Are you ever jocular in your use of words?
Well, you are, if you ever speak in a joking, humorous, playful manner.
Till recently, I divided words and their usages into two categories: formal and colloquial.
Formal speech follows the strictest rules and conventions. It’s conservative, prim, and proper. Colloquial speech is more relaxed. It’s more accepting of slang, new words, trendy expressions, and eggcorns.
Now I guess I have to add jocular speech to those categories.
Jocular word usage is whimsical or facetious. It’s speech that isn’t taking itself too seriously.
Dictionaries sometimes will say certain words are acceptable in jocular speech, though they’re frowned upon in formal or “standard” speech.
I recently wrote that something “snuck up on” me. Alert reader Janelle Ramsey wondered in response whether “snuck” is a real word?
Well, yes and no. The formally correct past tense of “sneak” is “sneaked”. Had I been giving a TED talk, or writing for a literary or medical journal, that might have been a better choice.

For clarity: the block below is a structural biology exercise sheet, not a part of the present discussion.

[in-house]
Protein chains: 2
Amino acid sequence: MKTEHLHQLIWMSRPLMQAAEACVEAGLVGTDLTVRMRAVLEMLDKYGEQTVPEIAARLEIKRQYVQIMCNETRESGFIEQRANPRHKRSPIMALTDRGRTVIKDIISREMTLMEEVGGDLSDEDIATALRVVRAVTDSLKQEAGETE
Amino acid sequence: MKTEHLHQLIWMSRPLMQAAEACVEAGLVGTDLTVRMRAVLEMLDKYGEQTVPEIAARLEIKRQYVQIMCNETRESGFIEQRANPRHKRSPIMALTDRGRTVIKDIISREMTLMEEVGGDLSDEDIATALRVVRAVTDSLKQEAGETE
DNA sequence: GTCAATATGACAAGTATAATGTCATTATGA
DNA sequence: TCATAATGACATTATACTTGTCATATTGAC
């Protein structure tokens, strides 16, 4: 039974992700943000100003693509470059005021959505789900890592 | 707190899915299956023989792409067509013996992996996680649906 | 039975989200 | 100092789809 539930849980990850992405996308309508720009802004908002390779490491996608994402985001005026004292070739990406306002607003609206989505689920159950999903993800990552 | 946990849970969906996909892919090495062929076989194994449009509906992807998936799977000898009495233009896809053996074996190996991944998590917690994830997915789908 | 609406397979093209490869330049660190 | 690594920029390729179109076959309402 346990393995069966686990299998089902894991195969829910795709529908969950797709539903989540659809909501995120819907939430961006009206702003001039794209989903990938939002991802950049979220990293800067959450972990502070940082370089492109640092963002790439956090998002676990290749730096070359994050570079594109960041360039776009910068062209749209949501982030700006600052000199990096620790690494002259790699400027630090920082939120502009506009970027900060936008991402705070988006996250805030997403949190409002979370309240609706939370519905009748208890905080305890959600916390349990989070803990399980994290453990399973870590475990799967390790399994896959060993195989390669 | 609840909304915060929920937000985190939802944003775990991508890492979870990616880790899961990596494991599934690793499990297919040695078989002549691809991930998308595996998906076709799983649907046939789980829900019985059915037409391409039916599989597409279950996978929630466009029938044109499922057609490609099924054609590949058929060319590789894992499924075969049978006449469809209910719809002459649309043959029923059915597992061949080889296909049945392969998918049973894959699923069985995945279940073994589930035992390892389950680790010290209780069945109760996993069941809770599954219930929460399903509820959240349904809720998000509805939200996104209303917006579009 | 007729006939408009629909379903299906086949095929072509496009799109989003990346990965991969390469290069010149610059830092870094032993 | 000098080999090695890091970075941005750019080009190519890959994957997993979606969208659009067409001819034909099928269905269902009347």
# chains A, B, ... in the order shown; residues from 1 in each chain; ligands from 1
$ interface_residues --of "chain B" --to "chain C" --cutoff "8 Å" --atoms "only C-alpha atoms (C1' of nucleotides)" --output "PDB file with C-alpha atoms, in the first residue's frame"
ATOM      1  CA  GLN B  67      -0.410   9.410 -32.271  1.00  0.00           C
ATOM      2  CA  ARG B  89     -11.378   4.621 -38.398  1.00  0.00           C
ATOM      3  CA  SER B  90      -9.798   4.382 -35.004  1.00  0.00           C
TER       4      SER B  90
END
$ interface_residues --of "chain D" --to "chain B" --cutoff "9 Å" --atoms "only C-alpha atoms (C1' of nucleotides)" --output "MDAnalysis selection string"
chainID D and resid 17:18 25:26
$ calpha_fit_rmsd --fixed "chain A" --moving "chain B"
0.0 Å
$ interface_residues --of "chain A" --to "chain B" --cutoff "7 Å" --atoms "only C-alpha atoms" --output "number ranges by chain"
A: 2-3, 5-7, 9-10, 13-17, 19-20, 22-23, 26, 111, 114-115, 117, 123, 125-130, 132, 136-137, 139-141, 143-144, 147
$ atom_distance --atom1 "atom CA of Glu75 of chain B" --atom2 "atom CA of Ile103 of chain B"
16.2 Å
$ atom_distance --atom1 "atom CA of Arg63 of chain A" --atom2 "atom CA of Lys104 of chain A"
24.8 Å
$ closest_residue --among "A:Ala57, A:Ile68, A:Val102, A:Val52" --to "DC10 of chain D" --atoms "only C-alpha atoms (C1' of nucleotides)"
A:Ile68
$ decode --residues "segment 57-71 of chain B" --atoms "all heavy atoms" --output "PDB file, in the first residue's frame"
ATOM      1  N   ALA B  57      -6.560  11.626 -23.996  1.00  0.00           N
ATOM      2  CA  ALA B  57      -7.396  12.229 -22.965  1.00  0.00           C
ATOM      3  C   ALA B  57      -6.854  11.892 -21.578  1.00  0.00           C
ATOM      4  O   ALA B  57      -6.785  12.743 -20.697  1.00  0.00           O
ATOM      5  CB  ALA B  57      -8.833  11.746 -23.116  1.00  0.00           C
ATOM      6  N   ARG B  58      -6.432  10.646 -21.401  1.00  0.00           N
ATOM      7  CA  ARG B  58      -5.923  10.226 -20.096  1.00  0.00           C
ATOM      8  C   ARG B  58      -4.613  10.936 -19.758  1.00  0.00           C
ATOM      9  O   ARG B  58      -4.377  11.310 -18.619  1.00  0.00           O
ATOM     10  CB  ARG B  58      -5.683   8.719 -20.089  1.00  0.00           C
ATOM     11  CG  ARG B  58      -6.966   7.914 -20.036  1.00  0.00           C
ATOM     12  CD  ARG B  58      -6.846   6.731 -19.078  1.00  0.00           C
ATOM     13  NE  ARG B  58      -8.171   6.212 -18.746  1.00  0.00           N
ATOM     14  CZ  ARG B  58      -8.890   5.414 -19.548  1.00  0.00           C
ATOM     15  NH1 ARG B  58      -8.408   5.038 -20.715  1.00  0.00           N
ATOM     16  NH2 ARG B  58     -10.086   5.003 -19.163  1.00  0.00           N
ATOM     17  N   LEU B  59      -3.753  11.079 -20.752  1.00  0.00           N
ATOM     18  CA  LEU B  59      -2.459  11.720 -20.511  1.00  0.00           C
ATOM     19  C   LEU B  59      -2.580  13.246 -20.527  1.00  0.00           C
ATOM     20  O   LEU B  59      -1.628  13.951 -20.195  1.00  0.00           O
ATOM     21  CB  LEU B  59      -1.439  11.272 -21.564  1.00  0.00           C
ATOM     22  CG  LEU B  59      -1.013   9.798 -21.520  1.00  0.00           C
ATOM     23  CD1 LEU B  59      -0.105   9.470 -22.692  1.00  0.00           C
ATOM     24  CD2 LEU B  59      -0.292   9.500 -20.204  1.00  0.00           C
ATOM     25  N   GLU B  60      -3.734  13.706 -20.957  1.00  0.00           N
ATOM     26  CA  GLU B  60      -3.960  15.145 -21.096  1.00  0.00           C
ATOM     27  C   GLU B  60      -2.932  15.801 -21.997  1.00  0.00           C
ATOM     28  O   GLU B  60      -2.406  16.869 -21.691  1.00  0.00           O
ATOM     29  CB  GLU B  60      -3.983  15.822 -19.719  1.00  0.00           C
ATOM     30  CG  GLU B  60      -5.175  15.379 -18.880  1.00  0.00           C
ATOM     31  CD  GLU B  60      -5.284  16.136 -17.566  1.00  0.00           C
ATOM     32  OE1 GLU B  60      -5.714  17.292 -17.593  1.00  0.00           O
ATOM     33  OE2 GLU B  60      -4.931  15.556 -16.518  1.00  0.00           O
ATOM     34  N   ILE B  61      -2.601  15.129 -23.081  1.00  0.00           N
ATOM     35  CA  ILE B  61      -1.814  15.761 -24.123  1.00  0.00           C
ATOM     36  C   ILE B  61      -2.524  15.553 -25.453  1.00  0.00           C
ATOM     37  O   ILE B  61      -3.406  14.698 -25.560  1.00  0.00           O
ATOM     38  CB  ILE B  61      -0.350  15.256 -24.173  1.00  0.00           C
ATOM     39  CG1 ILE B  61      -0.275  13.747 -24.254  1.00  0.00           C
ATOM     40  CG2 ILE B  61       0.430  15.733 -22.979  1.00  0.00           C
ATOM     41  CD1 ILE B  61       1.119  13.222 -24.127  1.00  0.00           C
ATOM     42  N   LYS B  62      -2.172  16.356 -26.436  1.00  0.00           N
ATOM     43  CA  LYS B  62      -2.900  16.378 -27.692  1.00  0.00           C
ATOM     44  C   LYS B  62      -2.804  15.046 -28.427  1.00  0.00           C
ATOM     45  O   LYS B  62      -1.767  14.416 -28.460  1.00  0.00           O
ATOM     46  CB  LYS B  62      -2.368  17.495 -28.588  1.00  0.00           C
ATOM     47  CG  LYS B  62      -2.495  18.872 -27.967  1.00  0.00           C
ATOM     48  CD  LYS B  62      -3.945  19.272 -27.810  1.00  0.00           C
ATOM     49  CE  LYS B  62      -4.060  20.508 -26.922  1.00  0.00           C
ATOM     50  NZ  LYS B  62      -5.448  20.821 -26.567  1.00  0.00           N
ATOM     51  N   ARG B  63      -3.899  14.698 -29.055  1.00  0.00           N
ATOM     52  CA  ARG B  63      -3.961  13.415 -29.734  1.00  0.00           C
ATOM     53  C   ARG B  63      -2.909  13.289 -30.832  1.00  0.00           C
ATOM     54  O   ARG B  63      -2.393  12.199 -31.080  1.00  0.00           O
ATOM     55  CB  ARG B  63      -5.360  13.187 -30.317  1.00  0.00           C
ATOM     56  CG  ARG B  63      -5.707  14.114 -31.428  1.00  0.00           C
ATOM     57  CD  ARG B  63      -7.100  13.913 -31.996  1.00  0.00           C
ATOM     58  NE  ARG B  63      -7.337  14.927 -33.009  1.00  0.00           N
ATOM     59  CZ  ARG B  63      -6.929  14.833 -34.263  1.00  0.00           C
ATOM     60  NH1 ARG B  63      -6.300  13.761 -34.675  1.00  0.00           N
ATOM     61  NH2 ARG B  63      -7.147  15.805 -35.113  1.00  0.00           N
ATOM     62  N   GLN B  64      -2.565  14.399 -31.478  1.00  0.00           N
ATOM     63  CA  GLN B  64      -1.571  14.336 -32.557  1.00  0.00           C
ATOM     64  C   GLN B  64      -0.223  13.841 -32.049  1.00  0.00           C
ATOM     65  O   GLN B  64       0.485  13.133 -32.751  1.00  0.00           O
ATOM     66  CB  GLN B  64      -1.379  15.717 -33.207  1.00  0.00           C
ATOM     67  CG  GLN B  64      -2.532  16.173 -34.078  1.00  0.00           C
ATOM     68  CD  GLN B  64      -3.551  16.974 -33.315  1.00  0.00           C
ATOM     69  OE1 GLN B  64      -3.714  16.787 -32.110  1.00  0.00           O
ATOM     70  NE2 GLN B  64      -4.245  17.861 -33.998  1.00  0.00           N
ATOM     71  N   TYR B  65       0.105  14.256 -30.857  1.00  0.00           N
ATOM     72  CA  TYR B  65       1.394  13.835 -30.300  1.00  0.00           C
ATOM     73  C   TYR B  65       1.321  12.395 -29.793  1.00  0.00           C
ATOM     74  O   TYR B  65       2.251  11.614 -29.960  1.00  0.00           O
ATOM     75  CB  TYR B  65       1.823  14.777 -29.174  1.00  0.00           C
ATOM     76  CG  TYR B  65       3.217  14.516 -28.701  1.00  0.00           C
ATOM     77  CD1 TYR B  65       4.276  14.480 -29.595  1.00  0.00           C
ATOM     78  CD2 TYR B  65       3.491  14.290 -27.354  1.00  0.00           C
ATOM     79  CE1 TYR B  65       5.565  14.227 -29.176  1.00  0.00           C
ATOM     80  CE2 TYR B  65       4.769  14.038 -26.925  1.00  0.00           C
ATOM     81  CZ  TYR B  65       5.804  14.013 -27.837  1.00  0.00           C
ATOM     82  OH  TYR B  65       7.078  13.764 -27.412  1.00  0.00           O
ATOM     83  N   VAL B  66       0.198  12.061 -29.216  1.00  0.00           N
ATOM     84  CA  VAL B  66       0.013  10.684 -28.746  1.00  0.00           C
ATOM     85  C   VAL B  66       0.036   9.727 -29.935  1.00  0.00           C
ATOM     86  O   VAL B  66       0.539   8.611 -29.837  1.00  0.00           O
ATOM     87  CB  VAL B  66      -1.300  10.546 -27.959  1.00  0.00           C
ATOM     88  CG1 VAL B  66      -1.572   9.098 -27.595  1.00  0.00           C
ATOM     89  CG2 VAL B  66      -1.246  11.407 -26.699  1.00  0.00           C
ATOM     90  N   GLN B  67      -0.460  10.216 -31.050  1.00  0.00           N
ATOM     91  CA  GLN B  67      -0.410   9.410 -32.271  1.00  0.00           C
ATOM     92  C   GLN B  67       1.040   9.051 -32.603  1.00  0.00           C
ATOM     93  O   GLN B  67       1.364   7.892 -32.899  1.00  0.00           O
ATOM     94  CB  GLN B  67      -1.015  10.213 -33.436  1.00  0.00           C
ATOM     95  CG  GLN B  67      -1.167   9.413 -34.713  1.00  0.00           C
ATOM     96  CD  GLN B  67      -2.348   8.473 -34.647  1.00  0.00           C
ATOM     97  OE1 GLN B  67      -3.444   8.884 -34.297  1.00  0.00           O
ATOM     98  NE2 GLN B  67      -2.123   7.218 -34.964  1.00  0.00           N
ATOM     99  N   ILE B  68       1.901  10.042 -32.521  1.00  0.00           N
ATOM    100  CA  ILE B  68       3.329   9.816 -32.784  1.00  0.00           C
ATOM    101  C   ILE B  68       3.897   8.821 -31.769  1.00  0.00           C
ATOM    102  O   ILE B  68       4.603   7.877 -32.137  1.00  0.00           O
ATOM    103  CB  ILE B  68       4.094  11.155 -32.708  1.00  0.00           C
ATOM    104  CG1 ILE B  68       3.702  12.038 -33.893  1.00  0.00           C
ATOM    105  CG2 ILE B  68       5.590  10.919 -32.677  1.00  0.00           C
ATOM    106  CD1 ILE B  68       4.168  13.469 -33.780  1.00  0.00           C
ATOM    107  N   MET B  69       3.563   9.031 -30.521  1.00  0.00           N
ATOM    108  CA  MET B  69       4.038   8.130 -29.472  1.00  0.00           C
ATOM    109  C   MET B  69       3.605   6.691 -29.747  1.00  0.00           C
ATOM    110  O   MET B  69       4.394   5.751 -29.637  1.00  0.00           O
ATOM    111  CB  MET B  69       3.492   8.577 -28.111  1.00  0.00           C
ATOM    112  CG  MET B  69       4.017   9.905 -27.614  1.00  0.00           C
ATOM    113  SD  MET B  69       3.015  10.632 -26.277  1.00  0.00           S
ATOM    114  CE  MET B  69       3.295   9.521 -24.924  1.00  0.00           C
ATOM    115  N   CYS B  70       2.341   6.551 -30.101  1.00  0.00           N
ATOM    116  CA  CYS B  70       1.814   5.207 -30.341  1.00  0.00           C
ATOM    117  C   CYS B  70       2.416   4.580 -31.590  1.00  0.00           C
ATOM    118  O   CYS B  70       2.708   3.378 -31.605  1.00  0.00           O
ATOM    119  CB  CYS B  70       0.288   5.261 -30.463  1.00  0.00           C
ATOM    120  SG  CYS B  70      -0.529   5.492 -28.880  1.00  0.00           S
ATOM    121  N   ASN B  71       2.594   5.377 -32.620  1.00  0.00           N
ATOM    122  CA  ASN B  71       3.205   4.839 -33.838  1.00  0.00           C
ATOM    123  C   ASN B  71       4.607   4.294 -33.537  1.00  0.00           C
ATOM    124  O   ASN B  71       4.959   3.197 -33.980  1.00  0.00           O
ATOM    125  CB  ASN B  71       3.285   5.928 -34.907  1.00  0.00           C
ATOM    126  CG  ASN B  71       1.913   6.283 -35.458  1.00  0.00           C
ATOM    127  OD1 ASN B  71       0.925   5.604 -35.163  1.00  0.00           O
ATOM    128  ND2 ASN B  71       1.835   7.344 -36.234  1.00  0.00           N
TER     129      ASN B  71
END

But I wasn’t. The tone I was shooting for was light and bantery. According to Merriam-Webster and Oxford dictionaries, “snuck” is acceptable as a “jocular” alternative to “sneaked”.
The word “snuck” has been rattling around in English since the late 1800s. For most of that time it’s been considered flatly wrong – a mistake, a sign of illiteracy.
During the past 20 years or so, however, it has gained enough traction to appear respectable. Mostly, though, still in jocular usage.
But I have a question: Is there any word or phrase that would not be “correct” when used with sufficient jocularity?
Probably not! The impression I get is that lexical authorities hesitate, with good reason, nowadays to condemn anything as out-and-out “wrong”.
The certainly could say, “Such-and-such is incorrect – but of course you’re always free to use incorrect speech jokingly, to make folks smile.”
But it’s easier simply to say something is correct in a jocular context. At least that’s the current lexical fashion.
Be that as it may, I’ve also noticed plenty of competent writers and speakers, in quite respectable venues, using “snuck” when they weren’t trying to be funny. Colloquial and informal, perhaps, but not funny.
I therefore surmise that it’s still sneaking deeper and deeper into everyday usage. One day “snuck” may be the preferred past tense of “sneak”. Then “sneaked” will be considered archaic.
Or maybe not. Predicting language trends is a lot like predicting politics or the stock market!
(This article is part of my series on words that are #worth1000pictures.)